Add user anonymization to Phoenix application

Phoenix 1.7 anonymize changeset csrf

When you are running a web application or service that has users, you will at some point deal with users that want to leave the service. It's not only good practice to allow them to do so, but it is also important to either delete or anonymize their identifiable data. This step is crucial to preserve user integrity while ensuring the privacy and security of user data, which is paramount for GDPR compliance for customers from the EU. There are instances where deleting user records from a database is not feasible due to their association with various vital records or due to data retention policies. This tutorial will guide you through the process of anonymizing user data in such scenarios, ensuring that the user's identity is obscured without the need to delete their records outright. Throughout this guide, I will go through step-by-step to add user data anonymization in an Elixir/Phoenix application.

Adding deletion timestamp to users

The initial step involves altering the database schema to introduce a deleted_at field within the users table. This naive datetime field serves as a marker to denote anonymized users without actual data deletion. Also, for future reference we can see when users left the service.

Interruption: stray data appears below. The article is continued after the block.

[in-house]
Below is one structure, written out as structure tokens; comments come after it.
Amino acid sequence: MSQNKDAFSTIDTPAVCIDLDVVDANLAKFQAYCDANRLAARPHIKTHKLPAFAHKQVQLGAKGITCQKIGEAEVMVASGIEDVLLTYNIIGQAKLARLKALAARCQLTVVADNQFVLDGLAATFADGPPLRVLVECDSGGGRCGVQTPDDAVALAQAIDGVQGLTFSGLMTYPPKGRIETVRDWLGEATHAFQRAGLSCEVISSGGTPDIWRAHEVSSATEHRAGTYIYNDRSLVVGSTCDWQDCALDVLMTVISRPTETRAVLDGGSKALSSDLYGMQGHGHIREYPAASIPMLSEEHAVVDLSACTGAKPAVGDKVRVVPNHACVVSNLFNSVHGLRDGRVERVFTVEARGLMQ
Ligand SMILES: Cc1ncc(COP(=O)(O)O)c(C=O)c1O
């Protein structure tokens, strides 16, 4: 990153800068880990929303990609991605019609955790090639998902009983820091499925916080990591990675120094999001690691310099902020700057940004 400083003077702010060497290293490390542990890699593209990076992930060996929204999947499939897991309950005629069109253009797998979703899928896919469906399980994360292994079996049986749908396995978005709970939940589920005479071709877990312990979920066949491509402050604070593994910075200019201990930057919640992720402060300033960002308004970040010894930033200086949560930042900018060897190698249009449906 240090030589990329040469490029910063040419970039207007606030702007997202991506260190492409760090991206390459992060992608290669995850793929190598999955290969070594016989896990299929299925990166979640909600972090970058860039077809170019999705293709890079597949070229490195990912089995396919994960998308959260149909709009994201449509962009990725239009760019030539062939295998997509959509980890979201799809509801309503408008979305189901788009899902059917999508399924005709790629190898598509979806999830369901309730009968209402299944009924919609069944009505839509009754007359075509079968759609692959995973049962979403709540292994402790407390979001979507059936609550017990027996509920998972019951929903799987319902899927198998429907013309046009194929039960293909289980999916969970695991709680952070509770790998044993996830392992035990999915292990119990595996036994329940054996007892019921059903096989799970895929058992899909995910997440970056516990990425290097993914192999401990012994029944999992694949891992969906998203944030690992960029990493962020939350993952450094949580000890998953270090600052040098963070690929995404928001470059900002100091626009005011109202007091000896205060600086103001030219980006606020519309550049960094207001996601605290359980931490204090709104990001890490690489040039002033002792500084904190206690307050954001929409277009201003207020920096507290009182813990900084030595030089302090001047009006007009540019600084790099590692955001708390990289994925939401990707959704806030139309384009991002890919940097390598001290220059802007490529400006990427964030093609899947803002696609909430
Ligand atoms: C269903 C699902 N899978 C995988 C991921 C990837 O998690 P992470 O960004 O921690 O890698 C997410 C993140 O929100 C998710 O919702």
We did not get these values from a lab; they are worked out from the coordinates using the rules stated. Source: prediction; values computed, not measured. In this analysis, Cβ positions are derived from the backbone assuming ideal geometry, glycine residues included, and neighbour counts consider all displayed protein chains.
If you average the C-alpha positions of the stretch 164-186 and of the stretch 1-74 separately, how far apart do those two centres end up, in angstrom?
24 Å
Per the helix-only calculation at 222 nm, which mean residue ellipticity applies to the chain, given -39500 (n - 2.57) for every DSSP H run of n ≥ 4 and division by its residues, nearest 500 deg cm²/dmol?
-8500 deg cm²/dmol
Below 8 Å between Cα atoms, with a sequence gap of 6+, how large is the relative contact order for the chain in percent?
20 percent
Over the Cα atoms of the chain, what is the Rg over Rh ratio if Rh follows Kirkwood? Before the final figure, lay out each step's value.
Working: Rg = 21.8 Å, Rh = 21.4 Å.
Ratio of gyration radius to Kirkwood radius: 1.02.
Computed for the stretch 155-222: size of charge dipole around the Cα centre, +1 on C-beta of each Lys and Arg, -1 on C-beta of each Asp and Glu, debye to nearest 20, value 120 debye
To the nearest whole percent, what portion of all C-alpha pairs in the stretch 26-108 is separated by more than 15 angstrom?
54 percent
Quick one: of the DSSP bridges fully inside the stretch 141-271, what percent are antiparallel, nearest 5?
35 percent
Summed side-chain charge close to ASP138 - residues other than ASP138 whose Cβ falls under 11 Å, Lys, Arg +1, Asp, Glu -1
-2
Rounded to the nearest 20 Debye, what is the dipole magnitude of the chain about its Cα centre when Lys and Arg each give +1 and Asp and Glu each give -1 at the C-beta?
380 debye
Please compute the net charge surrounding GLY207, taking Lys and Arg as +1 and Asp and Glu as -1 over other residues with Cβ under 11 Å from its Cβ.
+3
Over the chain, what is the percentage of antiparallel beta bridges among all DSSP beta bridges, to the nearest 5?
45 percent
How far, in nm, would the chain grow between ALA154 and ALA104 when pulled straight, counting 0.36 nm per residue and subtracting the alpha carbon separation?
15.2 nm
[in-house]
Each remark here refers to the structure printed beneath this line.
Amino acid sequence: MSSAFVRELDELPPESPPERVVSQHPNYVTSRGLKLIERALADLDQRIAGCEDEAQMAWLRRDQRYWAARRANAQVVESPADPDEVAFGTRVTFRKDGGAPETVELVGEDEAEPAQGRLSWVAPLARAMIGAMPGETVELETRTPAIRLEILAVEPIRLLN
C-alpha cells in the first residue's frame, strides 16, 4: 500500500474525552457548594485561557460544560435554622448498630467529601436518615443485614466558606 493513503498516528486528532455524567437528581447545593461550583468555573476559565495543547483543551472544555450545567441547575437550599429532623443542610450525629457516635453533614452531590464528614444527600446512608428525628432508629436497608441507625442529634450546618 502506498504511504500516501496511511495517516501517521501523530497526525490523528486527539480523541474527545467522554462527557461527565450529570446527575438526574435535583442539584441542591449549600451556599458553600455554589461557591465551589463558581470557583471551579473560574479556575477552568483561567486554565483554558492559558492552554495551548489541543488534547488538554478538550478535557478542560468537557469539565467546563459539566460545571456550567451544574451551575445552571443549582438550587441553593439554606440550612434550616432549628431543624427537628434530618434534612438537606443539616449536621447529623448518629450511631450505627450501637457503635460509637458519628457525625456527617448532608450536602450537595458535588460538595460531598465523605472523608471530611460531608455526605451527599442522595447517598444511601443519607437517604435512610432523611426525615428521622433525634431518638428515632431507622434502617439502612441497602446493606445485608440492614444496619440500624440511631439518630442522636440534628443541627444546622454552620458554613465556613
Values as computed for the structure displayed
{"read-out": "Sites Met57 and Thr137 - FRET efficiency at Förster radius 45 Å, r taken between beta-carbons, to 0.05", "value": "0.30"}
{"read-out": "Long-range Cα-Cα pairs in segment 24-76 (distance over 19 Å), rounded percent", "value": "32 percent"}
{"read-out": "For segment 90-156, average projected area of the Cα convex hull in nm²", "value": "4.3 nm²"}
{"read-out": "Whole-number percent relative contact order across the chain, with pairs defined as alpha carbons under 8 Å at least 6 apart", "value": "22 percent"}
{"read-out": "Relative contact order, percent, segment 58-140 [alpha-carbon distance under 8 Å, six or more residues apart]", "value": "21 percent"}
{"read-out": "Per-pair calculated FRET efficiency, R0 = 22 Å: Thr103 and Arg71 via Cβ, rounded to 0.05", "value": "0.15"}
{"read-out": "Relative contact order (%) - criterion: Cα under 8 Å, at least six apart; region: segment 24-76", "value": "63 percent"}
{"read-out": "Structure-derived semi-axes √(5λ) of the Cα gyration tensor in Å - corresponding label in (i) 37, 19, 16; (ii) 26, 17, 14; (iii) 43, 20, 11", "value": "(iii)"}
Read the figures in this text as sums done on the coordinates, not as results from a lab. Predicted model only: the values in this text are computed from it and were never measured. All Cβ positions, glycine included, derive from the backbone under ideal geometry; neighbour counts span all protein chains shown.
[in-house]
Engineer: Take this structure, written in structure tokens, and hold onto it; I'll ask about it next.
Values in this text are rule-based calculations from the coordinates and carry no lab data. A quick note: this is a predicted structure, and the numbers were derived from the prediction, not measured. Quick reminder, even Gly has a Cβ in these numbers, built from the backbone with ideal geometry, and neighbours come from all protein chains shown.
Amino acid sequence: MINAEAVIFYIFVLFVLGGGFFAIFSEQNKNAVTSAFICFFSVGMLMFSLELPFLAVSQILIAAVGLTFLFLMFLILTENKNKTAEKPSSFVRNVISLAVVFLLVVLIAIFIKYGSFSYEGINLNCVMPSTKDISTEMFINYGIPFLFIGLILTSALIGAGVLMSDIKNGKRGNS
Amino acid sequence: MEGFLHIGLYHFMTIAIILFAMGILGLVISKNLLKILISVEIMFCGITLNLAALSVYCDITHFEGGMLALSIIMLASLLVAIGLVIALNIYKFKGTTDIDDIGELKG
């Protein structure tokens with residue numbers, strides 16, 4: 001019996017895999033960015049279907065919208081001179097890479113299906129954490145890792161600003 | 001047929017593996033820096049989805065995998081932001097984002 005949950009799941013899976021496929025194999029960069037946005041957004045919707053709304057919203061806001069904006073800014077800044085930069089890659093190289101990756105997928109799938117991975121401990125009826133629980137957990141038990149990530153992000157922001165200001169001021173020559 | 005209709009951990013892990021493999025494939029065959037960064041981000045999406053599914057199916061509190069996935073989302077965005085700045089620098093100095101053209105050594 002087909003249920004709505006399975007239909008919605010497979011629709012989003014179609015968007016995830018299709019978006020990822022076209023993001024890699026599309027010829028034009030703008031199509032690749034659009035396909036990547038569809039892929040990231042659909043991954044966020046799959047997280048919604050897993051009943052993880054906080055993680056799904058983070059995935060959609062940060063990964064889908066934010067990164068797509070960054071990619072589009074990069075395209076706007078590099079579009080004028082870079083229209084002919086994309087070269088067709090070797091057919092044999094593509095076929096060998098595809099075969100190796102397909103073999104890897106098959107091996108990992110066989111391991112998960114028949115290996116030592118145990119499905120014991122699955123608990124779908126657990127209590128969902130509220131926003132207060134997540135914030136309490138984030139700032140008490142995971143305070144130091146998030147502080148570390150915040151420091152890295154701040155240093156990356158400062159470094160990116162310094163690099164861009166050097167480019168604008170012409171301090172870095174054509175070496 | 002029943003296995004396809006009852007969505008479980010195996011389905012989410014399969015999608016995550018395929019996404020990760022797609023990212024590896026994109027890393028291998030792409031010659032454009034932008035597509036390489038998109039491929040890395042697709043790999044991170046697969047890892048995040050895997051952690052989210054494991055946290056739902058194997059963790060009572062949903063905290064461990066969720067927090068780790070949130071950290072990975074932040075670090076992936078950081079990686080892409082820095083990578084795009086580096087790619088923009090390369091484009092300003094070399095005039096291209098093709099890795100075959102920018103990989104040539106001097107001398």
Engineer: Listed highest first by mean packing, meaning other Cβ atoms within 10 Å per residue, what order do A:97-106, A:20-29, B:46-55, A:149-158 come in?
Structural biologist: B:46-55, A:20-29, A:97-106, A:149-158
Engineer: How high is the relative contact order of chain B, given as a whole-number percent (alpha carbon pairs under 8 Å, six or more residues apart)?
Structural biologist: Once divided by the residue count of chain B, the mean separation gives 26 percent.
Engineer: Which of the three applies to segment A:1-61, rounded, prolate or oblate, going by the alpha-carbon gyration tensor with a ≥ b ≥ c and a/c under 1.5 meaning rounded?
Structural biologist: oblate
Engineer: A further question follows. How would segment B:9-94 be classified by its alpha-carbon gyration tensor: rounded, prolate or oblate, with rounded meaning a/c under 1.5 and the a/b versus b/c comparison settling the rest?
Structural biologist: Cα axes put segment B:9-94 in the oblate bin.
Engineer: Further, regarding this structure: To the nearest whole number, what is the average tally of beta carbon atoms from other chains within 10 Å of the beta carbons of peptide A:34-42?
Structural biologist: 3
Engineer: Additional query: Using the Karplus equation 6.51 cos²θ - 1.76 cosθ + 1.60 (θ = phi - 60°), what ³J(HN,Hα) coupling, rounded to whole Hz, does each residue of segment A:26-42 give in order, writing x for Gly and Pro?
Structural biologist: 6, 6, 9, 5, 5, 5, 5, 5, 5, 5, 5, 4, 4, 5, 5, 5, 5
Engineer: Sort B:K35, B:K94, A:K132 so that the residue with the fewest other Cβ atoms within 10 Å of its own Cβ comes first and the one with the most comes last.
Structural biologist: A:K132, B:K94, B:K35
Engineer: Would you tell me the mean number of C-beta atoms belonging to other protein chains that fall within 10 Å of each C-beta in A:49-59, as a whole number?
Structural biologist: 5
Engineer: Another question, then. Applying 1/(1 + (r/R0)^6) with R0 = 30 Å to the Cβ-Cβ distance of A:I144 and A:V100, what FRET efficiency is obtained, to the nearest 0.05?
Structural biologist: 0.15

defmodule Tutorial.Repo.Migrations.AddDeletedAtToUsers do
  use Ecto.Migration

  def change do
    alter table(:users) do
      add :deleted_at, :naive_datetime

# Note: You should run this migration with `mix ecto.migrate`.

By creating a new migration and executing it, we update our database structure to accommodate the anonymization process.

Updating the Users Context Module

After the migration has been added and the database updated, I also need to add the field in inside the user schema. And also, for this, I am adding a anonymize_changeset that we can call from the users context. This function securely modifies user entries by replacing sensitive information with placeholders and setting the deletet_attimestamp.

# Tutorial.Users.User
schema "users" do
  # Add this inside the schema
  field :deleted_at, :naive_datetime

# Add this changeset
def anonymize_changeset(user) do
  |> put_change(:deleted_at, NaiveDateTime.utc_now(:second))
  |> put_change(:email, "anonymized#{System.unique_integer()}")

Following the schema update, we extend the Users context module with a new function, anonymize_user, to that in turn uses the changeset from above.

defmodule Tutorial.Users do
  @moduledoc """
  The Users context.
  import Ecto.Query, warn: false
  alias Tutorial.Repo
  alias Tutorial.Users.User

  def anonymize_user(user_id) do
    user = get_user!(user_id)

    |> Repo.update!()

  def list_users do
    User |> where([u], is_nil(u.deleted_at)) |> Repo.all()

  def get_user(id) do
    User |> Repo.get(id) |> where([u], is_nil(u.deleted_at)) |> Repo.all()

Filtering Anonymized Users in Queries

It's essential to ensure that anonymized users are excluded from application queries. This involves adapting functions like list_users/0 andget_user/1, integrating conditions to filter out users marked as anonymized.